The Department of Internal Affairs

The Department of Internal Affairs

Te Tari Taiwhenua

Building a safe, prosperous and respected nation

 

Related law and policies

The Lake Taupō Navigation Safety Amendment Bylaw 2017

The Lake Taupō Navigation Safety Bylaw 2017 came into effect 12 April 2017.

The Bylaw applies to all the waters of Lake Taupō, the navigable rivers and streams flowing into that lake, the tailrace from the Tokaanu power station, and the waters of the Waikato River between Lake Taupō and the Huka Falls, collectively referred to as 'the Lake’.

The Bylaw is aimed at assisting in the safety of users on the Lake.  It sets out safe practices for users engaged in towing, swimming, boating and other water related activities on the Lake.

Instant fines of $200 per infringement may be given for offences against the Bylaw and more serious offences may be prosecuted.

The previous Lake Taupō Navigation Safety Bylaw 2010 has been revoked.

The two main changes from the 2010 Bylaw are:

1. Mandatory wearing of lifejackets in vessels 6 meters or less in length overall (LOA), whilst making way.

  • Up until now you only had to carry lifejackets of the correct size for everyone on-board. This particular ‘old rule’ still stands for every vessel in excess of 6 meters length overall.

2. Mandatory carriage of at-least one form of communications on all vessels, that:

  • Is able to communicate with a person ashore.
  • Has enough ‘battery life’ for your entire voyage.
  • Has adequate ‘coverage’ in the area you will be operating.
  • If your vessel is less than 6 meters LOA, your communication device must be waterproof or in a waterproof container (cellphone in a ziplock bag is suitable, providing it meets the 3 requirements above).
  • If you are a ‘group’ of vessels (i.e. a group of kayakers, either commercial or not), only one person needs to carry the communications on behalf of the group.
  • ‘Voice’ communications is acceptable for vessels close to shore i.e.
    • Children on a kayak at the beach able to yell to parents / caregivers ashore.
    • A person rowing from their parent vessel to shore (or back), where they can yell to a person on the parent vessel, or to a person who is ashore.

The 2017 Bylaw changes provide a set of rules that are more effective for navigation safety purposes and are aimed at assisting in public safety on the Lake.

The changes are consistent with similar Bylaw changes introduced by other Regional Councils such as the Waikato Regional Council.

Safety patrols and enforcement officers will begin informing boat operators about the new Bylaw.  Once the education period is over, infringement notices will be issued to offenders.

The Habourmaster’s Office provides information to boat users and stakeholders on the Department’s website, the Harbourmaster’s facebook page, local media and / or public notices and via the Taupō Moana Boating Guide (PDF, 445KB)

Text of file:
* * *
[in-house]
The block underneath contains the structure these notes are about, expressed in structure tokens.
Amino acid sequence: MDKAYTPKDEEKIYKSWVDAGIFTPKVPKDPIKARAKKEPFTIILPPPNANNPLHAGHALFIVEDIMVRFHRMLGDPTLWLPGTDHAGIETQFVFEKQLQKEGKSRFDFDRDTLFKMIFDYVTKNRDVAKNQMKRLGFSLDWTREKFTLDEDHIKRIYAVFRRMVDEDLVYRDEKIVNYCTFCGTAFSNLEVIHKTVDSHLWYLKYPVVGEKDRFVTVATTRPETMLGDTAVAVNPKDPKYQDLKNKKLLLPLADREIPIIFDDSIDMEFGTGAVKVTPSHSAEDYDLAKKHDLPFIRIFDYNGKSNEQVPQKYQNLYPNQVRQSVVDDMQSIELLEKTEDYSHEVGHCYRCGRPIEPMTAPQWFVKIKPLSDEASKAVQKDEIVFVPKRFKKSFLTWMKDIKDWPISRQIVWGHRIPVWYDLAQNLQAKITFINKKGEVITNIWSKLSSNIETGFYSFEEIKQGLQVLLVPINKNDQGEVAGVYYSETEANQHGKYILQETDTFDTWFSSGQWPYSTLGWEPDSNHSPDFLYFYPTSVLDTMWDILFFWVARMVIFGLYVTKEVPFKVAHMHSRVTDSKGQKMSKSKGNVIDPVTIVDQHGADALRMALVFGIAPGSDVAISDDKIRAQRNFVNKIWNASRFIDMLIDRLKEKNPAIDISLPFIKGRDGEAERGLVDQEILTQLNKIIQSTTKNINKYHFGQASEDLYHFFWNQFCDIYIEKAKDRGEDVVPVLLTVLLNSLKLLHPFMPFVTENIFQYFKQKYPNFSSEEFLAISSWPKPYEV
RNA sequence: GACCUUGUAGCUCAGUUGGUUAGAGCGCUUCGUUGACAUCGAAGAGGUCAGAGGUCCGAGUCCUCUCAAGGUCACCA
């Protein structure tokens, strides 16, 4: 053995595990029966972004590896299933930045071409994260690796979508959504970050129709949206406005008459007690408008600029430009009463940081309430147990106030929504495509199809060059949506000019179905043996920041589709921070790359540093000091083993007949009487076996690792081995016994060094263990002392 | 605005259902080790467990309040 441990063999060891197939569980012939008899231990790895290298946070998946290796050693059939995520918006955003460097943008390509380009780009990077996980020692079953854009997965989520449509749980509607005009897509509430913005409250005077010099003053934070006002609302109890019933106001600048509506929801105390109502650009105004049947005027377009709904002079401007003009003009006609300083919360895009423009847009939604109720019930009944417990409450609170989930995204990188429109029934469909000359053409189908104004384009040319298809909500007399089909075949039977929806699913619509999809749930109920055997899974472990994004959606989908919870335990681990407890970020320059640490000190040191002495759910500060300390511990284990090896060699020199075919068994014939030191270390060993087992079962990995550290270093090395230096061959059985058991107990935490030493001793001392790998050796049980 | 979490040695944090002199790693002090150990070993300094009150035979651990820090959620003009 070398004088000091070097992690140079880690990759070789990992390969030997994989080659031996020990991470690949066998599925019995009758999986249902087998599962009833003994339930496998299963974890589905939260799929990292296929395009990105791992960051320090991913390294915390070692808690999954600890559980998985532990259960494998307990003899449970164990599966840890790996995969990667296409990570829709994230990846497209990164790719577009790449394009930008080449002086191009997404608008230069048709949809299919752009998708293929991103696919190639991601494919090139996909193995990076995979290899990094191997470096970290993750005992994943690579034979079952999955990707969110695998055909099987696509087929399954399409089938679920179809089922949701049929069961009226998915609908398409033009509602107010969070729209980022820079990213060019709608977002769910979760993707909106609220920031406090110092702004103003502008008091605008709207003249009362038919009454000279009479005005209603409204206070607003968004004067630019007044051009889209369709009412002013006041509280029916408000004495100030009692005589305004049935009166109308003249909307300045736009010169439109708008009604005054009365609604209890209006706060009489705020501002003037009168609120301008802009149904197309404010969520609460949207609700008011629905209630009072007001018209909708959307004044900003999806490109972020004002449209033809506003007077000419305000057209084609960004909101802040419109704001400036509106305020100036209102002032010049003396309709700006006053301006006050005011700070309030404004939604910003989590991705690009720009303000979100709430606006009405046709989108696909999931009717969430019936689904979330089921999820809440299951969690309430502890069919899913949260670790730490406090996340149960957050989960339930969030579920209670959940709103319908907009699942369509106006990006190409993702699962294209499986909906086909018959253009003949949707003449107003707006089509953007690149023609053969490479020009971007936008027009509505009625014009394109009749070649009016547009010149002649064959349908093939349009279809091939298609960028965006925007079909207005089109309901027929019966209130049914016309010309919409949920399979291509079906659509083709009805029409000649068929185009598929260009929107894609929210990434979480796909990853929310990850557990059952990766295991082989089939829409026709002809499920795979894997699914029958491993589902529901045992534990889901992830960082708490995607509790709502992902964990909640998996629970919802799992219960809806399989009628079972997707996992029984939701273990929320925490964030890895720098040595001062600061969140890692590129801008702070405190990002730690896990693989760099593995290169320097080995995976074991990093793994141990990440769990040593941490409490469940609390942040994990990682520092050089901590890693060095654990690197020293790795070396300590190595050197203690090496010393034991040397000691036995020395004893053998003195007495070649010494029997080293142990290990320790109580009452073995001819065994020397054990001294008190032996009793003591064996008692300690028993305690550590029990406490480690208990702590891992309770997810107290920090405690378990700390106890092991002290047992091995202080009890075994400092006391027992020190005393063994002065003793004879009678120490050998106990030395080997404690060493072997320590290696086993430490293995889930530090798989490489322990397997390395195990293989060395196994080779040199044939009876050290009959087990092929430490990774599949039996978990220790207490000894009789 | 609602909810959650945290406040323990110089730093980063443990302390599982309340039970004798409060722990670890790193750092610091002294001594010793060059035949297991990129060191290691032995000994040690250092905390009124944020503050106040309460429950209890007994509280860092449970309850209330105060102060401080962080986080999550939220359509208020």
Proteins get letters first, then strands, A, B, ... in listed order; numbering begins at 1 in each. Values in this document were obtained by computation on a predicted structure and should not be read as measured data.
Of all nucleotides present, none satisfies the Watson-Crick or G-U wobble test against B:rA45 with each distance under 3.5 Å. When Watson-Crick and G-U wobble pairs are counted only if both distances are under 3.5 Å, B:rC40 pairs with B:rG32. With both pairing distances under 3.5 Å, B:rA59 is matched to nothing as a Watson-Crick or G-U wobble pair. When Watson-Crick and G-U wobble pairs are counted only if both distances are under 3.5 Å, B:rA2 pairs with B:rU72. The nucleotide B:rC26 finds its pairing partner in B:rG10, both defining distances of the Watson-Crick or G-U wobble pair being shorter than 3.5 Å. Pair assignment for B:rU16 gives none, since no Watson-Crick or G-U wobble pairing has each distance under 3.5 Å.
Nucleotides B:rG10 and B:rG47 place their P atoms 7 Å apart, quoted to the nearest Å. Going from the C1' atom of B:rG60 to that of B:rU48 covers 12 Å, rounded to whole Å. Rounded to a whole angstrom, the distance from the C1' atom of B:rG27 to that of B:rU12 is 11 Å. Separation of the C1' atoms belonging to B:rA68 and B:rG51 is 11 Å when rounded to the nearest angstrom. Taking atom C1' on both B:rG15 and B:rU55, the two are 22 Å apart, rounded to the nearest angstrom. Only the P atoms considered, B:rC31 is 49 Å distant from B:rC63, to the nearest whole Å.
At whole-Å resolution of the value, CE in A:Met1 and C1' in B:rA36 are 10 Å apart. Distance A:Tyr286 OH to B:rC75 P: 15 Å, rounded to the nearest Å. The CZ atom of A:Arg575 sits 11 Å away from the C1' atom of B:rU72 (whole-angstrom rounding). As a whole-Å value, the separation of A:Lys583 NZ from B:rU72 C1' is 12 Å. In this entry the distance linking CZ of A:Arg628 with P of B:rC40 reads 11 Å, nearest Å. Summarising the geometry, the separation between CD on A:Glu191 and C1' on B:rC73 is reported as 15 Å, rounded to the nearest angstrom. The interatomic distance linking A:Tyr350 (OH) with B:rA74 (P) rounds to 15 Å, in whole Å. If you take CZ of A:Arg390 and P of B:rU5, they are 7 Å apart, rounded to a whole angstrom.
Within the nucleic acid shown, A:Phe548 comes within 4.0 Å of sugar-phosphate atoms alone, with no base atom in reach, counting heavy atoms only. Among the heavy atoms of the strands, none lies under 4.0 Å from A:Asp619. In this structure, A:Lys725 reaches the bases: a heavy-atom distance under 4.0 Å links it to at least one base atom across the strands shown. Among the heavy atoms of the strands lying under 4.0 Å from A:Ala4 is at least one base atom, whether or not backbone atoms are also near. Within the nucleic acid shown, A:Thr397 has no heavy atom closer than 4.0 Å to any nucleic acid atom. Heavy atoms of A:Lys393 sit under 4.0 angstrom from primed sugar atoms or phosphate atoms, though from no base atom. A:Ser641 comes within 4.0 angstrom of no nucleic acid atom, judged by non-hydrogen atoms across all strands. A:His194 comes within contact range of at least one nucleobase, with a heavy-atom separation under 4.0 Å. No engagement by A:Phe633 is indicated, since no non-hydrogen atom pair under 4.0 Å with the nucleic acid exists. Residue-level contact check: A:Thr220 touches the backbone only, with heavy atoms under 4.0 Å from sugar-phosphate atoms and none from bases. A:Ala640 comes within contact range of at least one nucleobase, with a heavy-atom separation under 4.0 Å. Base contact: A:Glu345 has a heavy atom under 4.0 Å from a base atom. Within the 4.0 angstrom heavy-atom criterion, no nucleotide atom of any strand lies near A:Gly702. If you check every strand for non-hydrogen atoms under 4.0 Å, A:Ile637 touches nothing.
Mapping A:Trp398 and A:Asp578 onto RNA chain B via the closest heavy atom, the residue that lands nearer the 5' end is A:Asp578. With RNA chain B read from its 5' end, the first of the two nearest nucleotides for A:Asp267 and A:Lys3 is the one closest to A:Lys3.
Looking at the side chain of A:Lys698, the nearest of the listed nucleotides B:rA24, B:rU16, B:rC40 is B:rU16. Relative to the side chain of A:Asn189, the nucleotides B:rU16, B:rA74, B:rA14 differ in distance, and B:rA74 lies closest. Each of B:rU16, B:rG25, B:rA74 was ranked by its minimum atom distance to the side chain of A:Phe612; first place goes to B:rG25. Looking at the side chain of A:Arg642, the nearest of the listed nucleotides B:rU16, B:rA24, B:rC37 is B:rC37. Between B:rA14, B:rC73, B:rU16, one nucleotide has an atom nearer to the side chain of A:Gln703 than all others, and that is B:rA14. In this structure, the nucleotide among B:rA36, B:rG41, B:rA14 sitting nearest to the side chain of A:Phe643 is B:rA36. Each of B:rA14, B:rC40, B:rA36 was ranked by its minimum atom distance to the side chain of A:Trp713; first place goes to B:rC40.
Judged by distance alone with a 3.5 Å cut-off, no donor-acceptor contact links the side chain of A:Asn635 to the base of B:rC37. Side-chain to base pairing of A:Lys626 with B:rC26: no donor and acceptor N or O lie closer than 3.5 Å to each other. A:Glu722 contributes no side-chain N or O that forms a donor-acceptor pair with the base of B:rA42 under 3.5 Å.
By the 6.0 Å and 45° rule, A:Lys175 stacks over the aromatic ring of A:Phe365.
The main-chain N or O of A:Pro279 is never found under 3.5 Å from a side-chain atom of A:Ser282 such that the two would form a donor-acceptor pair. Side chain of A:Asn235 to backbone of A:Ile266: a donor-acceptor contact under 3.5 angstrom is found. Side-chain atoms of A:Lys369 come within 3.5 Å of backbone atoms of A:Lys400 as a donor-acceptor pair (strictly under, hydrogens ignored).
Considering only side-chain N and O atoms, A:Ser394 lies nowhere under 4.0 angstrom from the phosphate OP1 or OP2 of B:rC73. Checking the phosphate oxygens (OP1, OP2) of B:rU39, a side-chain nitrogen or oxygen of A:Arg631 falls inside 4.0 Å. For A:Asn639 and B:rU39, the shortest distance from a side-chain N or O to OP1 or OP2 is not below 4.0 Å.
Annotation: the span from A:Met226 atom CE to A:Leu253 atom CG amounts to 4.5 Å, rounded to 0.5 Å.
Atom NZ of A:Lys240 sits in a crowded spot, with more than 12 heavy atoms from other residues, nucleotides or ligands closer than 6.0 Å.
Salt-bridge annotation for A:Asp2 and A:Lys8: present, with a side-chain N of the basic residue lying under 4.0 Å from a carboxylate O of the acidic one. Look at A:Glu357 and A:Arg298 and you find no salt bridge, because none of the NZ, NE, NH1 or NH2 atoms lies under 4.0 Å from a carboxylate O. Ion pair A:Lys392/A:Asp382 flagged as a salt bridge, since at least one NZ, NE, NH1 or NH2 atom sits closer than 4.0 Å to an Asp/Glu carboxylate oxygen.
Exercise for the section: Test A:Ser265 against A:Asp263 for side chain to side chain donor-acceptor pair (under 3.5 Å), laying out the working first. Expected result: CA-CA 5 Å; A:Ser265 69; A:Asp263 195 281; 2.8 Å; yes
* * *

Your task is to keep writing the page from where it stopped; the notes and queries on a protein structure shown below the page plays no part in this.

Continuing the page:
Lake Taupō Navigation Safety Bylaw Revocation Notice 2017

1. Pursuant to sections 33M and 33W(4) of the Maritime Transport Act 1994, on 15 March 2017, the Lake Taupō Navigation Safety Bylaw 2017 was made, and takes effect from 12 April 2017.

2. Pursuant to sections 33M and 33W(4) of the Maritime Transport Act 1994, the Lake Taupō Navigation Safety Bylaw 2010 is revoked with effect from 12 April 2017.

Regulatory Impact & Agency Disclosure Statement 2012

Analysis for an Order in Council under the Local Government Act 1974 to set new regulations to increase fees on a full cost recovery basis for the use of Crown-owned boating facilities on Lake Taupō.

Other statutory and legal policies

Section 33M of the Maritime Transport Act 1994 provides that a regional council may make bylaws to regulate and control waters in its region for the purpose of navigation safety.

Section 33W(4) provides that the Minister of Local Government (or the Associate Minister of Local Government as the case may be) may make bylaws in accordance with section 33M for navigational safety on Lake Taupō.

A deed entered into in 1992 between the Tūwharetoa Māori Trust Board and the Crown set out the Crown’s specific rights to control and legislate in respect of navigational safety on Lake Taupō. Under the terms of that deed the ownership of the beds of waters are vested in Ngāti Tūwharetoa, and were set out to be managed and administered in partnership between the Tūwharetoa Māori Trust Board and the Crown.

A revised deed was signed between the Crown and the Tūwharetoa Māori Trust Board in 2007. Under the revised deed (specifically clause 3.3) the Tūwharetoa Māori Trust Board acknowledges the right of the Crown to control and legislate in respect of water, including its use and quality, public safety, public health, navigation and recreation.

Regulation through a bylaw is common practice and proposed amendments to a bylaw need to be widely available and accessible. Navigation safety bylaws work efficiently for regional councils, as many are based on maritime rules, which in turn have been based on well tested international maritime conventions. Bylaws provide a means of converting those international conventions into workable maritime rules for a local area. Bylaws are an effective way of encouraging good boating practice and can be tailored to suit local geography and conditions.

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